Brandon Williams <bmw...@google.com> writes:

> ...
>               [--full-name] [--recurse-submodules]
> -             [--output-path-prefix=<path>]
> +             [--submodule-prefix=<path>]
>               [--abbrev] [--] [<file>...]
>  
> ---output-path-prefix=<path>::
> +--submodule-prefix=<path>::
>       Prepend the provided path to the output of each file
> ...
>  static int show_eol;
> -static const char *output_path_prefix;
> +static const char *submodule_prefix;
>  static int recurse_submodules;
> ...
>       static struct strbuf full_name = STRBUF_INIT;
> -     if (output_path_prefix && *output_path_prefix) {
> +     if (submodule_prefix && *submodule_prefix) {
>               strbuf_reset(&full_name);
> -             strbuf_addstr(&full_name, output_path_prefix);
> +             strbuf_addstr(&full_name, submodule_prefix);
>               strbuf_addstr(&full_name, name);

As the previous one that used a wrong (sorry) argument is not even
in 'next' yet, let's pretend that it never happened.  It is OK to
still keep it and this patch as two separate steps, i.e. a topic
with two patches in it.

> +     /* Add pathspec args */
> +     argv_array_push(&cp.args, "--");
> +     for (i = 0; i < pathspec.nr; ++i)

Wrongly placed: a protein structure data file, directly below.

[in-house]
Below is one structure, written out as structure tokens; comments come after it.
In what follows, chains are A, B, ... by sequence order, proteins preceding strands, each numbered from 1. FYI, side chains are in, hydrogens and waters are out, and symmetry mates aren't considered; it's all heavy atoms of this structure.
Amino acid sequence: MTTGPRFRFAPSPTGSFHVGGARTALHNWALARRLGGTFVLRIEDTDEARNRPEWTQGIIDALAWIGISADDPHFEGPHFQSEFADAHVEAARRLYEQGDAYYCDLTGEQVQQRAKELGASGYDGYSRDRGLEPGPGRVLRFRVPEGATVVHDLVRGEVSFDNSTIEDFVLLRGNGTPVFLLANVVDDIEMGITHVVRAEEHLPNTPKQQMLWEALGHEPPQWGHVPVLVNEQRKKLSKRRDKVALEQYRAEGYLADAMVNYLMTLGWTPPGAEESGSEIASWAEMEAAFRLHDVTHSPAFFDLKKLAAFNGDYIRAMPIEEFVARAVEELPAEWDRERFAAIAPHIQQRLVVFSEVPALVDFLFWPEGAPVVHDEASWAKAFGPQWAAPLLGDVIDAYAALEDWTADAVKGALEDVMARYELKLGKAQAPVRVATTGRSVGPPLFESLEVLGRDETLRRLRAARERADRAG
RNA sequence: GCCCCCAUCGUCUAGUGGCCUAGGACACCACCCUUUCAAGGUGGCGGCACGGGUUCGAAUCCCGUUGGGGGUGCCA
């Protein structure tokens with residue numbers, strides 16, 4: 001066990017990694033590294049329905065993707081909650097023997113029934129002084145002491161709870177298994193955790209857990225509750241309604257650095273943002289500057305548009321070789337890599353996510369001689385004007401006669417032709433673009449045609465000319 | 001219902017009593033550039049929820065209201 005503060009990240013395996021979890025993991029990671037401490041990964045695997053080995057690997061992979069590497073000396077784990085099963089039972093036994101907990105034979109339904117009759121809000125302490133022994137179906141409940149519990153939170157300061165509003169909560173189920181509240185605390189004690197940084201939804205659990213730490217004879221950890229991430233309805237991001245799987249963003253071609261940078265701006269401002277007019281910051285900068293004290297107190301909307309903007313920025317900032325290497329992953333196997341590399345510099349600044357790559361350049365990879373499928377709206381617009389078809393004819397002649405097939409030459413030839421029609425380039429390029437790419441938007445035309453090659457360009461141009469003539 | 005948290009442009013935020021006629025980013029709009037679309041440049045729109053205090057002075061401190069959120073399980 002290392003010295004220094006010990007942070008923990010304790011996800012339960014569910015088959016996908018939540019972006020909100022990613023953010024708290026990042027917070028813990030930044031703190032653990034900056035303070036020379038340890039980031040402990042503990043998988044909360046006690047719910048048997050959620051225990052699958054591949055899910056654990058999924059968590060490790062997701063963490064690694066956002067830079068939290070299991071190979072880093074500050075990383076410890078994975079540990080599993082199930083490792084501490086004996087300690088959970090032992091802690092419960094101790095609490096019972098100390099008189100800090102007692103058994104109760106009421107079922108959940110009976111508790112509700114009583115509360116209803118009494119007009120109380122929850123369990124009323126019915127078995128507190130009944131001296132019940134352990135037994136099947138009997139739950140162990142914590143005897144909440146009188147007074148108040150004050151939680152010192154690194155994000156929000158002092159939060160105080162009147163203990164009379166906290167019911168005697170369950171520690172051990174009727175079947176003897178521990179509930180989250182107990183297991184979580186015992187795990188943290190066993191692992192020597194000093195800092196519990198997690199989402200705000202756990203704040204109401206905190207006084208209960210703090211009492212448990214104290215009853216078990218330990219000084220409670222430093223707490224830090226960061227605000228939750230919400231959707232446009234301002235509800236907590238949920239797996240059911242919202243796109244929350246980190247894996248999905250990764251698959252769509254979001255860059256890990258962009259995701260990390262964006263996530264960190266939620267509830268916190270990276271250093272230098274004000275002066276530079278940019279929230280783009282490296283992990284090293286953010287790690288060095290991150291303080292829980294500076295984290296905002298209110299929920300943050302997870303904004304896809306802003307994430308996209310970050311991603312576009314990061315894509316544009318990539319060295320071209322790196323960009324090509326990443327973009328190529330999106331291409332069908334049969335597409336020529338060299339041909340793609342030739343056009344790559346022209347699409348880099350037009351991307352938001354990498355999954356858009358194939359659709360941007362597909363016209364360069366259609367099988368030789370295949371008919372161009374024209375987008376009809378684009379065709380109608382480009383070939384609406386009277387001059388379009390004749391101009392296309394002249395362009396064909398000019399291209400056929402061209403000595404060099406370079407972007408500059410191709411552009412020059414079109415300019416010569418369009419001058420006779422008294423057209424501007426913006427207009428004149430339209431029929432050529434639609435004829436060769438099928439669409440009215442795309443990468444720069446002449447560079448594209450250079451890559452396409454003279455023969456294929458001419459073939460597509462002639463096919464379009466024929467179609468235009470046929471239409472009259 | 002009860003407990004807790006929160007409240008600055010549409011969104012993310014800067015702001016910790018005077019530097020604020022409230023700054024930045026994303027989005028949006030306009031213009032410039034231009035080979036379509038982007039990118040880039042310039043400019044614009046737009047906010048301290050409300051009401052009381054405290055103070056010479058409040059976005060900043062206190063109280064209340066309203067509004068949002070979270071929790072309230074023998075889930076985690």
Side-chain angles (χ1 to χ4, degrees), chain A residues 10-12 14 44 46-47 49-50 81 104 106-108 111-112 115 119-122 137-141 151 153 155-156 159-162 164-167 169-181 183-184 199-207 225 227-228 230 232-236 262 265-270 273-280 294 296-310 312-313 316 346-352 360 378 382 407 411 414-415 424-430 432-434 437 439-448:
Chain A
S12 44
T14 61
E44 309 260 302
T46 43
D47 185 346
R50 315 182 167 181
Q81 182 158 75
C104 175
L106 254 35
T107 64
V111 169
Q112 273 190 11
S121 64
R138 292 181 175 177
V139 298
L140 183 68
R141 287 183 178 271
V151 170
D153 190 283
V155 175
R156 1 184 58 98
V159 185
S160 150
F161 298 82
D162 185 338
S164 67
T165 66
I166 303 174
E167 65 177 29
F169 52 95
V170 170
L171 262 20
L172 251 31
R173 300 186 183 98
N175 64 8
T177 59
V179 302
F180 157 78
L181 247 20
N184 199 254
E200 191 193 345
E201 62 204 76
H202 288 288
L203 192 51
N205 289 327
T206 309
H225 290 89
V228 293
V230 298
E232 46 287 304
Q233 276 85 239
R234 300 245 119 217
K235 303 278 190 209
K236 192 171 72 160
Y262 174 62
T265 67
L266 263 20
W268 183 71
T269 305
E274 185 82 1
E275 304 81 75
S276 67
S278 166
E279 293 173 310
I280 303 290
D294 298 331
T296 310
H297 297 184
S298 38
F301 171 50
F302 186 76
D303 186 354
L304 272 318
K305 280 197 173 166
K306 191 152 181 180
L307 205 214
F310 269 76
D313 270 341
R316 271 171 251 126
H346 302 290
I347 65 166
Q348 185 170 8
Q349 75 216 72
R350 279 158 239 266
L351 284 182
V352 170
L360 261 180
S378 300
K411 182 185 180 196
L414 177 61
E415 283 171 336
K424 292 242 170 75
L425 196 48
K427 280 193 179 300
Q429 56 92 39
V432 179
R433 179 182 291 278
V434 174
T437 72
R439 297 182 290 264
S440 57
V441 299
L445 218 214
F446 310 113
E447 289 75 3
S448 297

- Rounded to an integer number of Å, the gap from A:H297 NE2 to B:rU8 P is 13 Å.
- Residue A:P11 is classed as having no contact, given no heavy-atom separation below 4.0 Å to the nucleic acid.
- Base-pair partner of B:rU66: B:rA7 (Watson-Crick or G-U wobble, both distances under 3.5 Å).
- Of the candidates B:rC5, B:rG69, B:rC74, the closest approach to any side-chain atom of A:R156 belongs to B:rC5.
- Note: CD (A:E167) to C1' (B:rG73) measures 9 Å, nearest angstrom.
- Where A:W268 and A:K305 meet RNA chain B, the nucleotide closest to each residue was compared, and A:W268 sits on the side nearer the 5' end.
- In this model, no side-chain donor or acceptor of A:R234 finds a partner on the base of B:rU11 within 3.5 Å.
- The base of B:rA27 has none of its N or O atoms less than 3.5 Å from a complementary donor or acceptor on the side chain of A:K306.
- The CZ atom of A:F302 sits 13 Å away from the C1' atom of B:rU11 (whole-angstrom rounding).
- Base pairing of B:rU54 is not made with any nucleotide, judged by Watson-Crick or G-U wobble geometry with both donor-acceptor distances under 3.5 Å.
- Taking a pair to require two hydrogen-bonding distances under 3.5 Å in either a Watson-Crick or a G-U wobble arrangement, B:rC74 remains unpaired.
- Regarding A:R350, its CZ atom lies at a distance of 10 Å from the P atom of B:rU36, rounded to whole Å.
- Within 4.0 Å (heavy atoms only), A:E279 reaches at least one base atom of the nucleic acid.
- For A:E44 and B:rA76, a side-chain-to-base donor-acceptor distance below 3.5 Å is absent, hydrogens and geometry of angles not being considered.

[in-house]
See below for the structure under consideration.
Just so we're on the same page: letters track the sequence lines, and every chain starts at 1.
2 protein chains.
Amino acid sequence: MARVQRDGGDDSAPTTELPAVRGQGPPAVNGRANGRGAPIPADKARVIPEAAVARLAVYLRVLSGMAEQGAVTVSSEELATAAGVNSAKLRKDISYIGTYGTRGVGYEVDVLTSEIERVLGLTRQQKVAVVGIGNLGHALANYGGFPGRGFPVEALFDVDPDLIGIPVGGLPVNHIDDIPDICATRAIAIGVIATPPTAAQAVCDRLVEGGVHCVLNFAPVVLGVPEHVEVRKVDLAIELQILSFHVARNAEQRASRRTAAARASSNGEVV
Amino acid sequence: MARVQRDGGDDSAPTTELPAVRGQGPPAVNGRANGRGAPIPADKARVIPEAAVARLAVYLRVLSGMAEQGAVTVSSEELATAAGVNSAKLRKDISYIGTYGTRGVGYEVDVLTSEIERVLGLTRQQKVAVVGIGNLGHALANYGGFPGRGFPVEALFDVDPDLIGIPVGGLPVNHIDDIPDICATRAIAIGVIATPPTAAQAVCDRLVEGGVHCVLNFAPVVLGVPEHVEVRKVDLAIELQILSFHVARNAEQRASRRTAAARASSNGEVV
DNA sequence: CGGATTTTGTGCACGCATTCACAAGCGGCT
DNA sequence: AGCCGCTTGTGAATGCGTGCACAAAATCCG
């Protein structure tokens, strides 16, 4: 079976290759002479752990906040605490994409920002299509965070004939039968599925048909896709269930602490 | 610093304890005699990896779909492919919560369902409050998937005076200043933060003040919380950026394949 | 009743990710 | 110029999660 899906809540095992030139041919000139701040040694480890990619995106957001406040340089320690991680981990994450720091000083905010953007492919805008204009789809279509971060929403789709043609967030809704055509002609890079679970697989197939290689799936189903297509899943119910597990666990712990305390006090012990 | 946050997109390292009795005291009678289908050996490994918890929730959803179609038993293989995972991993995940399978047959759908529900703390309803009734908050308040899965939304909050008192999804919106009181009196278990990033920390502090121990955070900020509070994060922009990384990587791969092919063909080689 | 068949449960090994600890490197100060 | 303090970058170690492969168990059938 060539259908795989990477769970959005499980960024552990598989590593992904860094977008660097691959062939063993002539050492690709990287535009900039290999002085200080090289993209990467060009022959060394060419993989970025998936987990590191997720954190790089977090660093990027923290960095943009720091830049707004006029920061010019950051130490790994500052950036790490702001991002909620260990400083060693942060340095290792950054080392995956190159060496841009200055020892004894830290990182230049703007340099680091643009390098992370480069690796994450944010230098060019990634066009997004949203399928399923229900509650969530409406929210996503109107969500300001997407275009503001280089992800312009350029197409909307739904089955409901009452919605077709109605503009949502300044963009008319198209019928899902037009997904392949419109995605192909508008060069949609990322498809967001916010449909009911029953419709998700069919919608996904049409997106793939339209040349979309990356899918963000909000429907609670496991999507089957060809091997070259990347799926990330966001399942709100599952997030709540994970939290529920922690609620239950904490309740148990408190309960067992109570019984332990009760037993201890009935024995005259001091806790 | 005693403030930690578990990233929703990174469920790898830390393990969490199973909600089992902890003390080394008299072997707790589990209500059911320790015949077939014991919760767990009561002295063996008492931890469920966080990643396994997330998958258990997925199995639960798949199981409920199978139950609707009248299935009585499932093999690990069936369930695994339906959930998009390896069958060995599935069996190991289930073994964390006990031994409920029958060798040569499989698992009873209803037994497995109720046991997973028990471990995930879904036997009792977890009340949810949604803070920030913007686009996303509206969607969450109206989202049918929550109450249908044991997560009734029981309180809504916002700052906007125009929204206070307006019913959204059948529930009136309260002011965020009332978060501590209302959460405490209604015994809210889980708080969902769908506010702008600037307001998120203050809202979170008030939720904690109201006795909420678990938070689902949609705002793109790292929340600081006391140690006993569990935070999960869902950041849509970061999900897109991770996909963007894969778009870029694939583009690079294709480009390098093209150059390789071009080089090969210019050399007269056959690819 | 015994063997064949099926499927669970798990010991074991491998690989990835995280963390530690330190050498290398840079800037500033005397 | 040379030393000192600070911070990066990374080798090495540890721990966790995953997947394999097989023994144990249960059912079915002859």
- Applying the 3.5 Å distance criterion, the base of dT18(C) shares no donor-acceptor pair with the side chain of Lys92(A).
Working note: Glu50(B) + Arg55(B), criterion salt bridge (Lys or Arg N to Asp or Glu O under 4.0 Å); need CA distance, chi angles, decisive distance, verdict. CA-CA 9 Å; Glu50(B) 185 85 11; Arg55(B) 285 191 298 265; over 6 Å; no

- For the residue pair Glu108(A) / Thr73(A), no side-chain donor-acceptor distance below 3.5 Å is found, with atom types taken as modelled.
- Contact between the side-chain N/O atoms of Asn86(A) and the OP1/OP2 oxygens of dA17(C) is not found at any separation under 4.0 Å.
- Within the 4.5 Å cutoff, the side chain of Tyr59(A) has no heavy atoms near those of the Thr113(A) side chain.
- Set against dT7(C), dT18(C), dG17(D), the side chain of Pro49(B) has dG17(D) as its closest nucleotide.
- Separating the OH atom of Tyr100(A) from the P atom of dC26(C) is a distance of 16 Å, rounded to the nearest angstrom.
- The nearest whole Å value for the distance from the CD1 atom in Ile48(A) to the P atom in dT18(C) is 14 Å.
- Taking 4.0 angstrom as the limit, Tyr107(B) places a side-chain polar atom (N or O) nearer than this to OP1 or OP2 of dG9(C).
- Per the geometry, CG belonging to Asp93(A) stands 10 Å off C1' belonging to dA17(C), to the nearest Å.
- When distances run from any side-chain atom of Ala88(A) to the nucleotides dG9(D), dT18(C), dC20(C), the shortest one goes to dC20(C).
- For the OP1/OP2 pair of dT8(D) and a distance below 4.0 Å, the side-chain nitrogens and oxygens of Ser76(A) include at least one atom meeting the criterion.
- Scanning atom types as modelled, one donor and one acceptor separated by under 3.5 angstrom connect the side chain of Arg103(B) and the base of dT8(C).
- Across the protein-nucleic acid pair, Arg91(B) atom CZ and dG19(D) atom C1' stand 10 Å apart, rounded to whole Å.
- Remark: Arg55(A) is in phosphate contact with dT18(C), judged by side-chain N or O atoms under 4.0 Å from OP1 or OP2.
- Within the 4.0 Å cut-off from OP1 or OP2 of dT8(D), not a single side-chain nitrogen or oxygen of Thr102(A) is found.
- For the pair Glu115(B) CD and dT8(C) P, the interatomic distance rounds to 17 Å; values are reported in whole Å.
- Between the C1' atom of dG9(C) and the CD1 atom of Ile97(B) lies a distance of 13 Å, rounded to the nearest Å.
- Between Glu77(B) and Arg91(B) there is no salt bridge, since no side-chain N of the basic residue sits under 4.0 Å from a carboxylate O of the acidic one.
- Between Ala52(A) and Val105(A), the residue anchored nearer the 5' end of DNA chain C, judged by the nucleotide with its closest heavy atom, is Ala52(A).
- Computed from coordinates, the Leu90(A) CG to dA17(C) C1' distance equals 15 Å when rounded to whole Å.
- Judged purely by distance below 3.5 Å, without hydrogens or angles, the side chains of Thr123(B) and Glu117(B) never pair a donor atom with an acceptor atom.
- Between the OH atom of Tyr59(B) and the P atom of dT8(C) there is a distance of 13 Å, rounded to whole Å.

> +             argv_array_push(&cp.args, pathspec.items[i].original);

OK, so as discussed previously with Heiko and Stefan, the idea is to

 - pass the original pathspec as-is,

 - when --submodule-prefix is given, a path discovered in a
   submodule repository is first prefixed with that string before
   getting checked to see if it matches the original pathspec.

And this loop is about relaying the original pathspec.

> @@ -192,57 +210,63 @@ static void show_gitlink(const struct cache_entry *ce)
>  
>  static void show_ce_entry(const char *tag, const struct cache_entry *ce)
>  {
> +     struct strbuf name = STRBUF_INIT;
>       int len = max_prefix_len;
> +     if (submodule_prefix)
> +             strbuf_addstr(&name, submodule_prefix);
> +     strbuf_addstr(&name, ce->name);
>  
>       if (len >= ce_namelen(ce))
> -             die("git ls-files: internal error - cache entry not superset of 
> prefix");
> +             die("git ls-files: internal error - cache entry not "
> +                 "superset of prefix");

This is not such a great thing to do.  Upon a bug report, we can no
longer do

        git grep 'cache entry not superset'

to see where the error message is coming from.

> -     if (!match_pathspec(&pathspec, ce->name, ce_namelen(ce),
> -                         len, ps_matched,
> -                         S_ISDIR(ce->ce_mode) || S_ISGITLINK(ce->ce_mode)))